Historic flooding has hit the Texas Hill Country, and it’s a wild ride.
First thing’s first, Lake Travis was officially 100% full as of yesterday. Now it’s just flooded.
In case you missed the blow-by-blow flood details, we’ve got it all wrapped up for you today. Of course, safety is paramount, so no matter what you do, don’t go for a joy ride in the lake. LCRA officially closed The Highland Lakes on October 16, 2018. It’s is seriously dangerous, friends.
It started around 7am on Tuesday
If you kicked off your day by watching the local news, you might have noticed the TODAY Show never came on. That’s because KXAN ran flood coverage all morning.
By around 8:30am, people started to realize this flood was going to be big and most of us were unprepared for it. We had tons of rain last week and it hardly moved the dial on lake levels.
Well, this rain was different …
The video footage of the flood waters on KXAN was just mind-boggling. The Max Starcke Dam looked like a massive washing machine churning up boats, docks, and trees.
As of October 16, Governor Abbott increased readiness, so this historic flooding became a statewide emergency to make sure everyone is safe, and resources are being utilized.
In an interview on Tuesday morning, John Hofmann with LCRA said, “it’s a very very significant event based out of Llano River watershed. It has rained at a considerable rate for a couple of days on an already saturated watershed. The 48 hour rainfall totals are in the range of 8-12 inches.”
As the water flowed over Starcke Dam, KXAN meteorologist David Yeomans watched in awe and called it an “unsurvivable” flow.
Snapshot of Lake Travis
Since midnight on Monday, Lake Travis has been rising at a rate of a foot an hour. The famous “sometimes islands” near Mansfield Dam disappeared overnight.
As of last Tuesday night at around 7pm, Lake Travis was 109% full. Lake levels are expected to reach 690′ to 695′, according to LCRA estimates.
Flooding was visible by yesterday afternoon at spots like Lakeway City Park, where the steam rising made for an eerie sight. We time-stamped pics at a local boat ramp near Hurst Creek to illustrate just how fast the water was rising.
You’re witnessing history in Texas
The numbers we’ve seen makes this the highest flood on the Llano River since 1935. It went up 35 feet!
Even smaller bodies of water that flow into Lake LBJ — like Sandy Creek — had elevated warnings yesterday to “major flood.” This is why meteorologists keep calling it an “unprecedented” event.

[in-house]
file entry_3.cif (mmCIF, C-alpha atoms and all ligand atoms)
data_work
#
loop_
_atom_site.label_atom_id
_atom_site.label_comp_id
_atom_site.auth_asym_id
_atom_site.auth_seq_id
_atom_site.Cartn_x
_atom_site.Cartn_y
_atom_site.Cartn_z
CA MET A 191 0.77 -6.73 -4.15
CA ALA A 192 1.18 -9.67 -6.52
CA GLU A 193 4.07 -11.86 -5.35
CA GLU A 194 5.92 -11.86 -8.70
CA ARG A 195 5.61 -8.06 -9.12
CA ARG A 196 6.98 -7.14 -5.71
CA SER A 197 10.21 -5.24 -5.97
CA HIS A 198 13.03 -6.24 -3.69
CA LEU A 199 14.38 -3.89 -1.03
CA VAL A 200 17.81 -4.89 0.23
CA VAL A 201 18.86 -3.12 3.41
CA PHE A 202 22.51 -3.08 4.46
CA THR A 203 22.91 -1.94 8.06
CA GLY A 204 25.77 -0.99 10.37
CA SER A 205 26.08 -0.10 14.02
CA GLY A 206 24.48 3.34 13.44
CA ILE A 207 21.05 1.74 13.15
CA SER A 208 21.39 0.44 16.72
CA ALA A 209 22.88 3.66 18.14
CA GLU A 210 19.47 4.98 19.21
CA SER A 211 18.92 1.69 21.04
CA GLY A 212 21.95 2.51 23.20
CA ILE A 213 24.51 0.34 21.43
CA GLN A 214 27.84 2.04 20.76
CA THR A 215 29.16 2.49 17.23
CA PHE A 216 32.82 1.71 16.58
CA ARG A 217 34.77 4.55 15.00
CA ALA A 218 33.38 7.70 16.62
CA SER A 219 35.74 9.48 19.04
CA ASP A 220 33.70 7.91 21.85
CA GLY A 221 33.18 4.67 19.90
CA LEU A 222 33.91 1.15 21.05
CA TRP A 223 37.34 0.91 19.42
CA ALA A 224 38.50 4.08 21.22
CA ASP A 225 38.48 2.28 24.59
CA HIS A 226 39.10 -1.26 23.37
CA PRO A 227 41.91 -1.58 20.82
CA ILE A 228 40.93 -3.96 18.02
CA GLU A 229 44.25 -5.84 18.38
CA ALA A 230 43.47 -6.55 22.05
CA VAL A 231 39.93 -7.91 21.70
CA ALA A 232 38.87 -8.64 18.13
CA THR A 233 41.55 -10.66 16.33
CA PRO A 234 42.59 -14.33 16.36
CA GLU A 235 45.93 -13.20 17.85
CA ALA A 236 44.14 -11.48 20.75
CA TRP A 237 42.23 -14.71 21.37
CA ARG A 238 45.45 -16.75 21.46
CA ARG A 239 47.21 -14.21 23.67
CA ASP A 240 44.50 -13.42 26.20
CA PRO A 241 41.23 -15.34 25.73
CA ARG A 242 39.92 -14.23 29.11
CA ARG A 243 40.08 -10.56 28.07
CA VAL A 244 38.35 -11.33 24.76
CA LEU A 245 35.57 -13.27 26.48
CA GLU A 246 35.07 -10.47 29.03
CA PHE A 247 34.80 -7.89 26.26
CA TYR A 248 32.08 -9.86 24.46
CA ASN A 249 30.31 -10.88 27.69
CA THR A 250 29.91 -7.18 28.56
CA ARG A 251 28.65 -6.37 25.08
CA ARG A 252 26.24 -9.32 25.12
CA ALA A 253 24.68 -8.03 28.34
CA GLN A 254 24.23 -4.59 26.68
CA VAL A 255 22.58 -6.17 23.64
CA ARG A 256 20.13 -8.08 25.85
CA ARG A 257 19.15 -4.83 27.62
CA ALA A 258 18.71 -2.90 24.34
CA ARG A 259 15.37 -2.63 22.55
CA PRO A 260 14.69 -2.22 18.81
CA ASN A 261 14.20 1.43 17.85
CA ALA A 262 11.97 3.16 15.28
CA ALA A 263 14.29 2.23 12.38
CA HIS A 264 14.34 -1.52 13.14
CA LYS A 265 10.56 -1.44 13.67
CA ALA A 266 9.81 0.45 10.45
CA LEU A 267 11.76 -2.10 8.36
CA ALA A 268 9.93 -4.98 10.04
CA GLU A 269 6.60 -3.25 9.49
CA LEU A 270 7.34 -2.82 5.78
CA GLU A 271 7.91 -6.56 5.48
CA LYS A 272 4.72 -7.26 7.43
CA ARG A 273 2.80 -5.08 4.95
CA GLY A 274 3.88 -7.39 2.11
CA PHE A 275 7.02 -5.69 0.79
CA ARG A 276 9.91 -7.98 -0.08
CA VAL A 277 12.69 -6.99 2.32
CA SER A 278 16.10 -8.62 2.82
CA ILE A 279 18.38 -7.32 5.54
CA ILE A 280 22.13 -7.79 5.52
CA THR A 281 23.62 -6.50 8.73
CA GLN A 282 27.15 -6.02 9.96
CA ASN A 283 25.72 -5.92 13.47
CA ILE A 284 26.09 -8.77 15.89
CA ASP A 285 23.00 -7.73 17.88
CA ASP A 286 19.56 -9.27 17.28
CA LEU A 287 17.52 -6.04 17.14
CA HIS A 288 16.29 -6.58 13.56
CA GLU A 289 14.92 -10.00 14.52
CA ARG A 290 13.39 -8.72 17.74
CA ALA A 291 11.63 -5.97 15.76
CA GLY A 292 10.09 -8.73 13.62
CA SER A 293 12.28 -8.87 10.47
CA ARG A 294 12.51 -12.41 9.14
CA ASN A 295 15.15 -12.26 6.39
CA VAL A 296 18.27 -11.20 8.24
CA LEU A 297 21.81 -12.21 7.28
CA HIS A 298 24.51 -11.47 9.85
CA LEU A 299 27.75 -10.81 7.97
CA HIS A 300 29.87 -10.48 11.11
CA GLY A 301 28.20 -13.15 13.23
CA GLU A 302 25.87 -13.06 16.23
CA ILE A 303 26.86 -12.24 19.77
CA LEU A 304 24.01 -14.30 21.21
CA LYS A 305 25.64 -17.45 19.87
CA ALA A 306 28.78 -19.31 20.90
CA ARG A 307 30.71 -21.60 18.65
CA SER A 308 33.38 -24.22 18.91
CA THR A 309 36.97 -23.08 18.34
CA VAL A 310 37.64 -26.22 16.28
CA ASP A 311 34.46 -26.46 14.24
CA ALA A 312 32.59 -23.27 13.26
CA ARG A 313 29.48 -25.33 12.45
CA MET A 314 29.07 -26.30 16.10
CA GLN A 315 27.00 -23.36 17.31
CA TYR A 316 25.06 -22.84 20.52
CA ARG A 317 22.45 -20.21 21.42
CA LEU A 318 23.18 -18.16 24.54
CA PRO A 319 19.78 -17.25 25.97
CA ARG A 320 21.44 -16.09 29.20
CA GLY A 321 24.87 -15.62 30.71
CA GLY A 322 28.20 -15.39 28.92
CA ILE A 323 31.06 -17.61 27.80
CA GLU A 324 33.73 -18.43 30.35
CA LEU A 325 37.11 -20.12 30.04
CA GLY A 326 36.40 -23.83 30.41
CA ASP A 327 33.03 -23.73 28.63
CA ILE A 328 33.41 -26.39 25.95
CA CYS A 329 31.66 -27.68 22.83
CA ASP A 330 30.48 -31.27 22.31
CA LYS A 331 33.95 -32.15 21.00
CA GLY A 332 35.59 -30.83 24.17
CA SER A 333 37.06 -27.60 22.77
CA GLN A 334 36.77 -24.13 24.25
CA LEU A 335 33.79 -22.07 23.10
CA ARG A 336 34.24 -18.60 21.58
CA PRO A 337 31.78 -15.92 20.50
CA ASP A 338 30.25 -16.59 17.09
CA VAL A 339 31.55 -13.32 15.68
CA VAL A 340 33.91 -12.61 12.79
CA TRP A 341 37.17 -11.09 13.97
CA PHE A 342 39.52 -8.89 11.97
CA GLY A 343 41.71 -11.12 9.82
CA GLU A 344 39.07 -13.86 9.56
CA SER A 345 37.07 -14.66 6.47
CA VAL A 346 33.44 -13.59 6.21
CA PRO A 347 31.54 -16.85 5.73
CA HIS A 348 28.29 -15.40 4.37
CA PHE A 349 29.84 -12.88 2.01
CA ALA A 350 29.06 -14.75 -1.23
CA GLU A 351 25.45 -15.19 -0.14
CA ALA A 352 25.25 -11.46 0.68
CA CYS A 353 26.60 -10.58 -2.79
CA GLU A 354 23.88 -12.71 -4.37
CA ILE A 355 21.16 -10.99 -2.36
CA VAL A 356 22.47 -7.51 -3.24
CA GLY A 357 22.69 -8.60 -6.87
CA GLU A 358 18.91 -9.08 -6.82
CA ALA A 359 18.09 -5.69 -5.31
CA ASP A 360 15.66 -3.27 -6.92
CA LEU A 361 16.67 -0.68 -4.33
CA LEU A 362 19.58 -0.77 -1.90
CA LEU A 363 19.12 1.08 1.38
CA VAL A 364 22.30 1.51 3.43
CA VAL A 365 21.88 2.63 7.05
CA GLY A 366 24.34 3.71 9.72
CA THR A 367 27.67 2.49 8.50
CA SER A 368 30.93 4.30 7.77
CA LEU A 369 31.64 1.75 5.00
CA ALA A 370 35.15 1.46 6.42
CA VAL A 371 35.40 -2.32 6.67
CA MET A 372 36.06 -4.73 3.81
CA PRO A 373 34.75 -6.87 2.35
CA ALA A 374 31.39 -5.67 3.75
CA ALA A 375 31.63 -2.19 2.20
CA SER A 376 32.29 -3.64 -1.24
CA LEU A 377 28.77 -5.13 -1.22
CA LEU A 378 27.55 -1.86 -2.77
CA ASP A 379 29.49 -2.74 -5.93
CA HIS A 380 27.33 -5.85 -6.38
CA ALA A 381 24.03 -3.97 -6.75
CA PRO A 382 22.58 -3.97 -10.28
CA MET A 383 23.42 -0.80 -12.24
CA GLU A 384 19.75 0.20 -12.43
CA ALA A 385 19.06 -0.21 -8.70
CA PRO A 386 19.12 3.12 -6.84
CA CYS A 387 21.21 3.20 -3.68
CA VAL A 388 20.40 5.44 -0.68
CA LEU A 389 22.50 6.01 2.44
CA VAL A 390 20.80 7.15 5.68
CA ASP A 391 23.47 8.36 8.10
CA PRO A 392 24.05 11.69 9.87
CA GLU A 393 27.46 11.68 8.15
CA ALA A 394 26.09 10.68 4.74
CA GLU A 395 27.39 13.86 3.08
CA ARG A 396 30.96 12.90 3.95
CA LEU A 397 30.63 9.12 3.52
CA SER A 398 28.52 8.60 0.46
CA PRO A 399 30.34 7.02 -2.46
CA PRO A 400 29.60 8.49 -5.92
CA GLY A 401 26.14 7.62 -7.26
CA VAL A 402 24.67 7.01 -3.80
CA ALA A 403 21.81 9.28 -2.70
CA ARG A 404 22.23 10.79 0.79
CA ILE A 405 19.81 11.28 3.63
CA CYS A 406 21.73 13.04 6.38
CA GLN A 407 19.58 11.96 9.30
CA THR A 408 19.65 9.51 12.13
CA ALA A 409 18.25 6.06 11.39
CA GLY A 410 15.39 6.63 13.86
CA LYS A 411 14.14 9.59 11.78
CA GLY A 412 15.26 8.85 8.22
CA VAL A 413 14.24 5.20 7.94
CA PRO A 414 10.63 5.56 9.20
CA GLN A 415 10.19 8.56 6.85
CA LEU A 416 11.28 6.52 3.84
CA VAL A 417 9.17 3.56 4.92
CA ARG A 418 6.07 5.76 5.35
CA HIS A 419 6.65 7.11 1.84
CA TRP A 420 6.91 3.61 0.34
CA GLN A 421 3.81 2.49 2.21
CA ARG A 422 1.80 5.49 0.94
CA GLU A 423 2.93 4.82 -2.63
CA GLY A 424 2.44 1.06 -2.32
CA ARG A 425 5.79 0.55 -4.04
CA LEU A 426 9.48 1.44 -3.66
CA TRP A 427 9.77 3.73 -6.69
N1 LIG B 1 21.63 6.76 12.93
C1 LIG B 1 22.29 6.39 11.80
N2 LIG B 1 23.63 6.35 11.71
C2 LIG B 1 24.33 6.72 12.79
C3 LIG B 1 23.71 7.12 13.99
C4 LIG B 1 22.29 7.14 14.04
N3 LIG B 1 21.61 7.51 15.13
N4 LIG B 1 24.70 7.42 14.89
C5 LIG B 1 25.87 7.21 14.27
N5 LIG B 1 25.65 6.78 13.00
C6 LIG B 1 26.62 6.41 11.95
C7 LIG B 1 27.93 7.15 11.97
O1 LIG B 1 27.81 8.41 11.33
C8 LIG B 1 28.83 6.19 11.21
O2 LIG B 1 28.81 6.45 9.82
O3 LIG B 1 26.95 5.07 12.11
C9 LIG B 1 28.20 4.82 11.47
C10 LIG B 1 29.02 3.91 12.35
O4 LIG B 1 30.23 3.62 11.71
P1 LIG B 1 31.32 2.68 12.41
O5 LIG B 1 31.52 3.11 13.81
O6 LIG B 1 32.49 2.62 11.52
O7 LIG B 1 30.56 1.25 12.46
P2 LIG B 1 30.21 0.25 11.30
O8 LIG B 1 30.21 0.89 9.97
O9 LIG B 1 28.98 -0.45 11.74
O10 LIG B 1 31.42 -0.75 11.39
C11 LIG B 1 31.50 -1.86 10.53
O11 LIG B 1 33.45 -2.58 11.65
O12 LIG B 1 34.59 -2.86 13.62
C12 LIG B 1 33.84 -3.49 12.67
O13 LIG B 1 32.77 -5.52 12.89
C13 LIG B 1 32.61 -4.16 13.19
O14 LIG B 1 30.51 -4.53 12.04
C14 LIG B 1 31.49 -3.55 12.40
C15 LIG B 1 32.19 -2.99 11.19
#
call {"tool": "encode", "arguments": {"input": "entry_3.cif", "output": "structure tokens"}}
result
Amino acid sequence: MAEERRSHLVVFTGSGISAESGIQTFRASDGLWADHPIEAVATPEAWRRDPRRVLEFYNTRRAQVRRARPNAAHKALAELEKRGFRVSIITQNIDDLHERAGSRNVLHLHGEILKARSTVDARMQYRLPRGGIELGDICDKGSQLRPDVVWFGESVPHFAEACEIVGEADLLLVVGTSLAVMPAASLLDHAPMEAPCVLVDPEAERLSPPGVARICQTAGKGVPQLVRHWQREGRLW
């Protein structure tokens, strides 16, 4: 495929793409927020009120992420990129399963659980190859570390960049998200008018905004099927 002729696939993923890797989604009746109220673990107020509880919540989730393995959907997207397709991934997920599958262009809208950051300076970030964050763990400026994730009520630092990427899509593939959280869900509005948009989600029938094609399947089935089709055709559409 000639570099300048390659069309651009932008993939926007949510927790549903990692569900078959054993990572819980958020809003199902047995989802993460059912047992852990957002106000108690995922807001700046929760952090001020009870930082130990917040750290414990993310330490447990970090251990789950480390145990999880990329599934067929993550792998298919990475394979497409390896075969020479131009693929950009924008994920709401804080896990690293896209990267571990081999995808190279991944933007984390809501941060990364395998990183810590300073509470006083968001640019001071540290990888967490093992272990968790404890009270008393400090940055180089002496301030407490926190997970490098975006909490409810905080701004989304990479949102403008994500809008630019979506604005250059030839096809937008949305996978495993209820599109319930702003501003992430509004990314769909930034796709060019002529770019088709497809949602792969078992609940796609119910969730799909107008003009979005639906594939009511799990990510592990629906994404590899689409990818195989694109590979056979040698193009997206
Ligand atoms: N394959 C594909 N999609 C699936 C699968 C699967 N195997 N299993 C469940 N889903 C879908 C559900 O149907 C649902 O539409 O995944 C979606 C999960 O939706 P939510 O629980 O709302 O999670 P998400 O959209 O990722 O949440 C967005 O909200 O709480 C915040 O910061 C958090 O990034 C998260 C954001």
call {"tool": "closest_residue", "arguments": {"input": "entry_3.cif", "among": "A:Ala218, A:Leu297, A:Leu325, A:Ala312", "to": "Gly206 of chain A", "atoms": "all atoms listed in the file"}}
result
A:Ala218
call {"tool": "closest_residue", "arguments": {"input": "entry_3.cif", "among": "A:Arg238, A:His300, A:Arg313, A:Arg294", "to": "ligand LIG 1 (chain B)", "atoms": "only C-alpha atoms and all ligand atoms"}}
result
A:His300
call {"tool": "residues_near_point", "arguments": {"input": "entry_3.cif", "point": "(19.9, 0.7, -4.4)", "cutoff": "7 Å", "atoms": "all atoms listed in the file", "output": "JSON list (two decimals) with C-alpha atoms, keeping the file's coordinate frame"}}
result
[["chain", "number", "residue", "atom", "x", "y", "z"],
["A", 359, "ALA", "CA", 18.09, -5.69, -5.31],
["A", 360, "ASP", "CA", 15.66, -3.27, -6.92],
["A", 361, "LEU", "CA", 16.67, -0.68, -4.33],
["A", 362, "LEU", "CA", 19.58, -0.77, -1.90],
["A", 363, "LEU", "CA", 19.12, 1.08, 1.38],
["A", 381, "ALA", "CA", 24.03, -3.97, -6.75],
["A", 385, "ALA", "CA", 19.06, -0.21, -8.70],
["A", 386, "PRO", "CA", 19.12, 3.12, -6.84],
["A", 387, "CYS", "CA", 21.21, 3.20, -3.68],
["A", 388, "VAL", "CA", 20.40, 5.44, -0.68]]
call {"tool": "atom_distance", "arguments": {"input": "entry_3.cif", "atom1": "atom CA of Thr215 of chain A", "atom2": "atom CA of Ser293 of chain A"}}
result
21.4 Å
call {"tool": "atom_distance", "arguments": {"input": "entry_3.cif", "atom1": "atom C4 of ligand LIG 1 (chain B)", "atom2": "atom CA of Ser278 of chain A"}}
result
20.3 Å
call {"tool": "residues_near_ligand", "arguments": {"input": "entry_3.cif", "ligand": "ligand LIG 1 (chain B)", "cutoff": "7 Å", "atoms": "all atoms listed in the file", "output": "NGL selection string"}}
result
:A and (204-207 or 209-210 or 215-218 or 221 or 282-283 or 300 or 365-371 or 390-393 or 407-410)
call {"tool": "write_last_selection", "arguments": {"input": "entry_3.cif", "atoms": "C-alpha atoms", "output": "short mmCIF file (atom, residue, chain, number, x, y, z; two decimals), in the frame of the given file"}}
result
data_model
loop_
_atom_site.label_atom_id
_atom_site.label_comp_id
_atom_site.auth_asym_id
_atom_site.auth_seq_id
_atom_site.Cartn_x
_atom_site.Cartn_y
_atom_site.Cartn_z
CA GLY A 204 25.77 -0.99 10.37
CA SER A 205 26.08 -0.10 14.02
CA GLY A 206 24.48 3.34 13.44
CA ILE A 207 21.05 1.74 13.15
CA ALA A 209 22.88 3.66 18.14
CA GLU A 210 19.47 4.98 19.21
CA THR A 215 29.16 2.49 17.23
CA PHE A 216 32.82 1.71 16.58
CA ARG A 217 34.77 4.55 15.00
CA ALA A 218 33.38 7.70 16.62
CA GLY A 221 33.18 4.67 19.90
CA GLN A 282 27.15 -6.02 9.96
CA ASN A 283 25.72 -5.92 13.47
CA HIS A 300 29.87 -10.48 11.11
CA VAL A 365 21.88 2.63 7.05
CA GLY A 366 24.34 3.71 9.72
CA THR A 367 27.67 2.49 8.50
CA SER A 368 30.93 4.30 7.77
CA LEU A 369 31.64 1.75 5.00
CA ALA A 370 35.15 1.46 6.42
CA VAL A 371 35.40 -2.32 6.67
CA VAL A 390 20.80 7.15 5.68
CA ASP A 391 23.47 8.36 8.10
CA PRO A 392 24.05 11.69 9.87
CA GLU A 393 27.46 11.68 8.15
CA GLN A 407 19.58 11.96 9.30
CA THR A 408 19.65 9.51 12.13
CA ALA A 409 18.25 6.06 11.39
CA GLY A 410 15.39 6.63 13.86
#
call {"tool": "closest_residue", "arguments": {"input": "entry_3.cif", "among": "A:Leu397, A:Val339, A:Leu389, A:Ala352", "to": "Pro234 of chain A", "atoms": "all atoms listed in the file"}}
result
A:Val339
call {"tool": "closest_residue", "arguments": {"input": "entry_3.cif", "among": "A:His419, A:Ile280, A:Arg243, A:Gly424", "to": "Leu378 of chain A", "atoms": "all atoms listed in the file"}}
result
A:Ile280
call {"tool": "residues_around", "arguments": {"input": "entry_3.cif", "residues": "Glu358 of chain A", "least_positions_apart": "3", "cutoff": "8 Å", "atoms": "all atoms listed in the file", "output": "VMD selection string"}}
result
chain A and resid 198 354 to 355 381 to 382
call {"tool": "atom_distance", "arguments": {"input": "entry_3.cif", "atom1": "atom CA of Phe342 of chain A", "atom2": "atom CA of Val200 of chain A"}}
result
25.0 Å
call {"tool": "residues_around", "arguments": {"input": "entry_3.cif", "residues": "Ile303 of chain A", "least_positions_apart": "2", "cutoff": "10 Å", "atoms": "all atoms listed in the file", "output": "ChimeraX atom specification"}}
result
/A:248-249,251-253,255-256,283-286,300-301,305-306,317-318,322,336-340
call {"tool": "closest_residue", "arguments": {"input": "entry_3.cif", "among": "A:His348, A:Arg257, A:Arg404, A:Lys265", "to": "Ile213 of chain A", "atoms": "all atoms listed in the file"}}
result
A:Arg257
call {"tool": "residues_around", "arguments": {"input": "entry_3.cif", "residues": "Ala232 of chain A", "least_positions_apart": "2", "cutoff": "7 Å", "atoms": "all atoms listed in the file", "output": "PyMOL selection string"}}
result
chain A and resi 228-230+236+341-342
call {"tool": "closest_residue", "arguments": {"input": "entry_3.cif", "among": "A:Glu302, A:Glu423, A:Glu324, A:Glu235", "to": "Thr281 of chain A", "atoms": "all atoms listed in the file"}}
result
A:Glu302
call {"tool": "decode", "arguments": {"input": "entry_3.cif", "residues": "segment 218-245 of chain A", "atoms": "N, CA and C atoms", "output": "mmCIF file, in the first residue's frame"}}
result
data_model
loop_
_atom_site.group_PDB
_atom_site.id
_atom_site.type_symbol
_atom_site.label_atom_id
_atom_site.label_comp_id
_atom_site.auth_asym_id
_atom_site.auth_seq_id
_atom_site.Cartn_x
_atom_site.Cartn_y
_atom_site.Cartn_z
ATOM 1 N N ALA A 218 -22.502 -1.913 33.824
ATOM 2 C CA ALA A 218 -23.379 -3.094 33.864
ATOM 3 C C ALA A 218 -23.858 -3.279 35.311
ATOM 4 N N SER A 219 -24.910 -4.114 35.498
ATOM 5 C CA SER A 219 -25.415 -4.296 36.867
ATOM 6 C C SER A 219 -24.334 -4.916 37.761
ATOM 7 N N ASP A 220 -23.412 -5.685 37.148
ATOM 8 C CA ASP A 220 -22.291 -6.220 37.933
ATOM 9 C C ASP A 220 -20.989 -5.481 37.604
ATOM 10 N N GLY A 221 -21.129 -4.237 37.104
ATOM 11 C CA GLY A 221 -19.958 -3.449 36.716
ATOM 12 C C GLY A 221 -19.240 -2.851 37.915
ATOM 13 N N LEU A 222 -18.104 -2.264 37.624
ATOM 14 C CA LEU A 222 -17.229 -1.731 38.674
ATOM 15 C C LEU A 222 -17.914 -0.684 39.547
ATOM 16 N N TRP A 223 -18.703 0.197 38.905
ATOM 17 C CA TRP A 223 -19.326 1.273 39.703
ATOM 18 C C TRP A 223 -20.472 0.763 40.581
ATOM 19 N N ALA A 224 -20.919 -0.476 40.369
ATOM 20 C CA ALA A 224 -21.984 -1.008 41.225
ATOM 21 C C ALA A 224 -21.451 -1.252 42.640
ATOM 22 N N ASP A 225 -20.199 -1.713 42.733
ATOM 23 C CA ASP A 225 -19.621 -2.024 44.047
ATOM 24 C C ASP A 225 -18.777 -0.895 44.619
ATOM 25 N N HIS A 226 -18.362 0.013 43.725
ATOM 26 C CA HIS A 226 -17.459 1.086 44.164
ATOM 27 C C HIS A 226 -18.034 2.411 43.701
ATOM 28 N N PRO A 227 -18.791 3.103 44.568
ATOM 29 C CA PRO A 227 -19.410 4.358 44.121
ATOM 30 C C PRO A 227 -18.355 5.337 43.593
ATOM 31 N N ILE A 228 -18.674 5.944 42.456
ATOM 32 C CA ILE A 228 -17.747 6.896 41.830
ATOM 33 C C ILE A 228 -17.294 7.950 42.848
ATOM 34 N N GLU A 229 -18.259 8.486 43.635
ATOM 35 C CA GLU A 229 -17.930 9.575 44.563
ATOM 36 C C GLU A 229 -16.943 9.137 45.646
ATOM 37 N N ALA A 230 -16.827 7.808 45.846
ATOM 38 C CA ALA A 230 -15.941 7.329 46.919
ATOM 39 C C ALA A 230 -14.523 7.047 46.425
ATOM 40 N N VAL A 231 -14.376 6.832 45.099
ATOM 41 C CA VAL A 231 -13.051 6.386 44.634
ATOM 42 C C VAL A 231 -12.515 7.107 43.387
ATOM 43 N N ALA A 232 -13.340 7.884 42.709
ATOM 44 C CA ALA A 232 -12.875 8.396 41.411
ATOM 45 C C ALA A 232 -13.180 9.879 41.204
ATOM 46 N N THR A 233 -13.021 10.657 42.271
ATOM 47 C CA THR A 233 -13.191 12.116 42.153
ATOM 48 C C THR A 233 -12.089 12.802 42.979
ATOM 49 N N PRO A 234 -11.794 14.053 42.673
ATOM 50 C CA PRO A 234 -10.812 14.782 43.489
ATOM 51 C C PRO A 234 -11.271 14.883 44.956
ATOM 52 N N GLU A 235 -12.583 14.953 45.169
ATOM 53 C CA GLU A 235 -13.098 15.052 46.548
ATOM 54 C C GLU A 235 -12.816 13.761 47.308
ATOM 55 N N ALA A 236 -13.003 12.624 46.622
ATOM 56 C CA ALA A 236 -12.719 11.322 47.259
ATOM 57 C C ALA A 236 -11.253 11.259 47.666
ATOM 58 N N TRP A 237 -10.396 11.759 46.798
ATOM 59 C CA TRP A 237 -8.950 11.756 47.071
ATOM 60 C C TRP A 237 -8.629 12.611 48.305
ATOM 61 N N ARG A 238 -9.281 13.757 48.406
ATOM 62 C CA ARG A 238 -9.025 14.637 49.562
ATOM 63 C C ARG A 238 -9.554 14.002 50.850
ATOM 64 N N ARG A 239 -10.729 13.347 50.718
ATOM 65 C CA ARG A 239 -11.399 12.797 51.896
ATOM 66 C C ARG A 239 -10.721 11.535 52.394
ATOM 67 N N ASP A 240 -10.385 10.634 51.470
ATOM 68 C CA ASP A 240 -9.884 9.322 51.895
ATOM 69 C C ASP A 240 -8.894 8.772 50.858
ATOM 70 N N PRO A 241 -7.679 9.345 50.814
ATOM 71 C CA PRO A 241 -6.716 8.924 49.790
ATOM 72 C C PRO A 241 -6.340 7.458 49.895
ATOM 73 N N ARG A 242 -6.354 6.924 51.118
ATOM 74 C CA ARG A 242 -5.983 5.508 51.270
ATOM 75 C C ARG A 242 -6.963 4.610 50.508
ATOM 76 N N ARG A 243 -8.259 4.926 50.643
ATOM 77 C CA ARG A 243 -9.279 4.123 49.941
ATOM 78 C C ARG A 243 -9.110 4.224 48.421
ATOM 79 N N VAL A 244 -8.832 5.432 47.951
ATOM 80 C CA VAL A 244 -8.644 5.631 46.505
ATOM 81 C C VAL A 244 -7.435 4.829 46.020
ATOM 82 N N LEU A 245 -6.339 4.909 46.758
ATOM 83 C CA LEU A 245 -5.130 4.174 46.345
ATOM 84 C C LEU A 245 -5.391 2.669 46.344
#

182 Olympic-sized pools
As the Highland Lakes flow, the flooding started in the Llano River and continued to rise quickly throughout Monday night, even after it seemed to peak. It peaked or crested several times.
As Hofmann explained, the cubic feet of water that were rising — the inflow rate — would be the equivalent of 182 Olympic-sized swimming pools every minute.
Wrap your brains around that for a sec …
Anticipated flood wave
The craziest part of this story became clear yesterday when meteorologists on KXAN explained the flood wave. Based on their calculations, the 10-11 foot flood wave (or rise) was headed down Lake LBJ over Wirtz Dam into Lake Marble Falls. Last night it came knocking on our door, and we had no choice but to say “howdy, come on in!”
Starcke Dam churning out boats & debris
The water flowing out of Lake Marble Falls looked more like whitewater rapids dumping into Lake Travis with all ten floodgates open, which is the max number of floodgates. Dozens of empty boats, jet skis, kayaks, boat dock pieces, and trees were flying over Starcke Dam yesterday.
Docks, boats, marinas, homes and other structures were merely demolished by the mighty flood waters including the 2900 bridge.
Boats still attached to docks were spotted going over the dam and floating under bridges. That shredded, twisted debris is in Lake Travis now.
2900 bridge over Llano River collapsed
The 2900 bridge in Kingsland, TX, collapsed yesterday around 9:30am. Long-time residents say they’ve never seen anything like it.
According to Sheriff Calvin Boyd, the 2900 bridge was catching a lot of debris (like big ski boats) yesterday, which was a contributing factor to its failure. Sheriff Boyd didn’t think other bridges in the area would be affected by the flood waters.
One resident interviewed on KXAN, Craig McDougal, has lived on Lake LBJ since 1959 and says what they witnessed is unbelievable.
He reminded viewers that the power of rushing water is often underestimated, so the bridge collapsing serves as a reminder about just how dangerous flood situations can be. McDougal said he and his wife were watching boats and structures float by, unable to do anything but stay put and stay safe.
Be safe and be well today, Lake Travis!